How Rwanda’s Judicial sector is coping up with the pandemic

Since the pandemic broke out in the early March 2020, businesses have been adjusting to embrace E-commerce and so the judicial sector had to expand it’s online services to to several areas within the sector.

For the first time, the launch of the Justice and Legal Aid week was held virtually.

Speaking at the Judicial month launch, the Minister of Justice and Attorney General Johnston Busingye advised judicial practitioners to remain vigilant and innovative as the pandemic surges.

“It’s worthy thanking people did not stop providing service during lockdown instead there was innovations that kept the services moving and this should continue” Minister Busingye said.

The Minister stressed that “it is of paramount importance to remain dedicated and serve with continuity in online service to achieve the desired tasks,”

He hailed the technological systems and platforms used in filling cases of IECSM which acted as an enabler for litigants to file cases.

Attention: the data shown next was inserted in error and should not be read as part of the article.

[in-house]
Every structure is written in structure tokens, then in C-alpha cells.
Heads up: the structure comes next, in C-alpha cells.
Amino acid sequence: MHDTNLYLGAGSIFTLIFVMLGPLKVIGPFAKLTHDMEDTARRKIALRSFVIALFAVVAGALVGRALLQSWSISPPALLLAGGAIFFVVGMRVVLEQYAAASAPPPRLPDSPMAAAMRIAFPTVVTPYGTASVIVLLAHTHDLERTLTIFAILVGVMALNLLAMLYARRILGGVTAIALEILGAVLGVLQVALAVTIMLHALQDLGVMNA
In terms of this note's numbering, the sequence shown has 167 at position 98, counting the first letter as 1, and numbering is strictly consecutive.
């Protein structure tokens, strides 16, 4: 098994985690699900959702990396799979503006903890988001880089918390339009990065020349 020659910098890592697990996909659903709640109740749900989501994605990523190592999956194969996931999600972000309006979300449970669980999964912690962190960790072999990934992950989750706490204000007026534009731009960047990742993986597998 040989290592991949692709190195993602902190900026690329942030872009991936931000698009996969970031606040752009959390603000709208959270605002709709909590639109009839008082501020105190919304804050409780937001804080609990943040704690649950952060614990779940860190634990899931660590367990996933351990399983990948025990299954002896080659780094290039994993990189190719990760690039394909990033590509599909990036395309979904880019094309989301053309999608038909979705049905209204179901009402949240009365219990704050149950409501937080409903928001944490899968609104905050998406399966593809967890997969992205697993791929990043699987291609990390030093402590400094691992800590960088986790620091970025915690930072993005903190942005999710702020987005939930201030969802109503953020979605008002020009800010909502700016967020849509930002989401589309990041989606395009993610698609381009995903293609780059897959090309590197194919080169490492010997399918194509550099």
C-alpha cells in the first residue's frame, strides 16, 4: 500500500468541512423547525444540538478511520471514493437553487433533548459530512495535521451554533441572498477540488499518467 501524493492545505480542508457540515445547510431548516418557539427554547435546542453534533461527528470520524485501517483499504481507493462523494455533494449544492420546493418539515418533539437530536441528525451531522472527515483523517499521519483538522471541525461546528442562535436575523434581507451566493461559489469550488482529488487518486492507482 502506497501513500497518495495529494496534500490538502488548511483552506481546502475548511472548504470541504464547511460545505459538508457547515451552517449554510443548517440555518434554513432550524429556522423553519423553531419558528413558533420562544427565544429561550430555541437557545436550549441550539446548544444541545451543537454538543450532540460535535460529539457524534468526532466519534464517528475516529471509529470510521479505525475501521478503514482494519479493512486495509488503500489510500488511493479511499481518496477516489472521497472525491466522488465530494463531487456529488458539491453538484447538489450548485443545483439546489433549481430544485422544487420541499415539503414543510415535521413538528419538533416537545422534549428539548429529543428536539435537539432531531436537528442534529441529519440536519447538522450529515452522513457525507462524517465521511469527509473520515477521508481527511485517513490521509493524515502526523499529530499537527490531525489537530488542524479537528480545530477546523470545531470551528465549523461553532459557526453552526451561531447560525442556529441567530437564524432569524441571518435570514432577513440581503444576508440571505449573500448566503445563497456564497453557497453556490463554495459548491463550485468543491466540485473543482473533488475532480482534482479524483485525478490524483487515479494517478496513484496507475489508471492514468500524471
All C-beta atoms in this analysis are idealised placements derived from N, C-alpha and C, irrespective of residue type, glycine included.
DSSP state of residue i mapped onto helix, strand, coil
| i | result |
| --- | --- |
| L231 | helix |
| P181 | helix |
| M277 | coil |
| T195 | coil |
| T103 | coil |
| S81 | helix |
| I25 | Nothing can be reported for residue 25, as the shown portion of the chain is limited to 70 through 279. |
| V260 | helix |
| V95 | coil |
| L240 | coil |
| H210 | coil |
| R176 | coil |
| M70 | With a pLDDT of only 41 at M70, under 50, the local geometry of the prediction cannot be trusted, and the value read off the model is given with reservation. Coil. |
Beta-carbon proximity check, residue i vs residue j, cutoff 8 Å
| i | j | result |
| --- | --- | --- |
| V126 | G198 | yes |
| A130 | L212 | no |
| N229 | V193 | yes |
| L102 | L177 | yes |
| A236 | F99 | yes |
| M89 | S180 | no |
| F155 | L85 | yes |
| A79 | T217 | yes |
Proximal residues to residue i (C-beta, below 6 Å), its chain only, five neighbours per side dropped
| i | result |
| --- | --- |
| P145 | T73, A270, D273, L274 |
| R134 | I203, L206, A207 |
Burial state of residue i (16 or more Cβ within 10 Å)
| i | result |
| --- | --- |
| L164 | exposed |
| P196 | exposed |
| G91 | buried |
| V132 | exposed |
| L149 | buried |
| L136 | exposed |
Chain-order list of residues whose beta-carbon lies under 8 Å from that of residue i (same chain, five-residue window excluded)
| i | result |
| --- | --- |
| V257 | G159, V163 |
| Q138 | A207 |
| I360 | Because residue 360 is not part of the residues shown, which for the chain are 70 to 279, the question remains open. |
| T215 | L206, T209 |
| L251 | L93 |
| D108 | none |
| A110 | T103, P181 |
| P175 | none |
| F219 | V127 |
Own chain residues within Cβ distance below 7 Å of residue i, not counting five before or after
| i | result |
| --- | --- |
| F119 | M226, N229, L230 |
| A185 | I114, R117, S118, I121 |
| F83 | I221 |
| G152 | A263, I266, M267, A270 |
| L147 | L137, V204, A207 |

The level of the citizen’s satisfaction with access to justice was over 85 per cent in 2020 from 71 per cent in 2019 and 77 per cent in 2018, an improvement from 66 per cent in 2013, according to the Rwanda Governance Scorecard.

The judicial statistics indicate that from March to December 2020, the courts registered over 71,000 cases of which 490 cases were presided over using skype and  over 1,000 cases were also pronounced using skype and 369 cases were presided over by use of video conference while 128 cases were pronounced using video conference.

Tom Mulisa, a human rights activists, and Executive Director, GLIHD, an organization that advocates for the rights of the vulnerable persons believes Covid-19 is a challenge to humanity across all sectors.

However, Mulisa says that through institutional collaboration solution can be foresighted and become handled in the future.


Col. Jeanot Ruhunga, Secretary General at the Rwanda Investigation Bureau asserts that cybercrimes have increased during Covid-19.

“Criminals have transited to cybercrimes which requires sophiscated technological solutions,” he commented.

Infrastructure and functional technology is so far the major factor challenging the dispensing of justice at difficult times of Covid-19 as some litigants remain reluctant to embrace the IT according to the legal practitioners.

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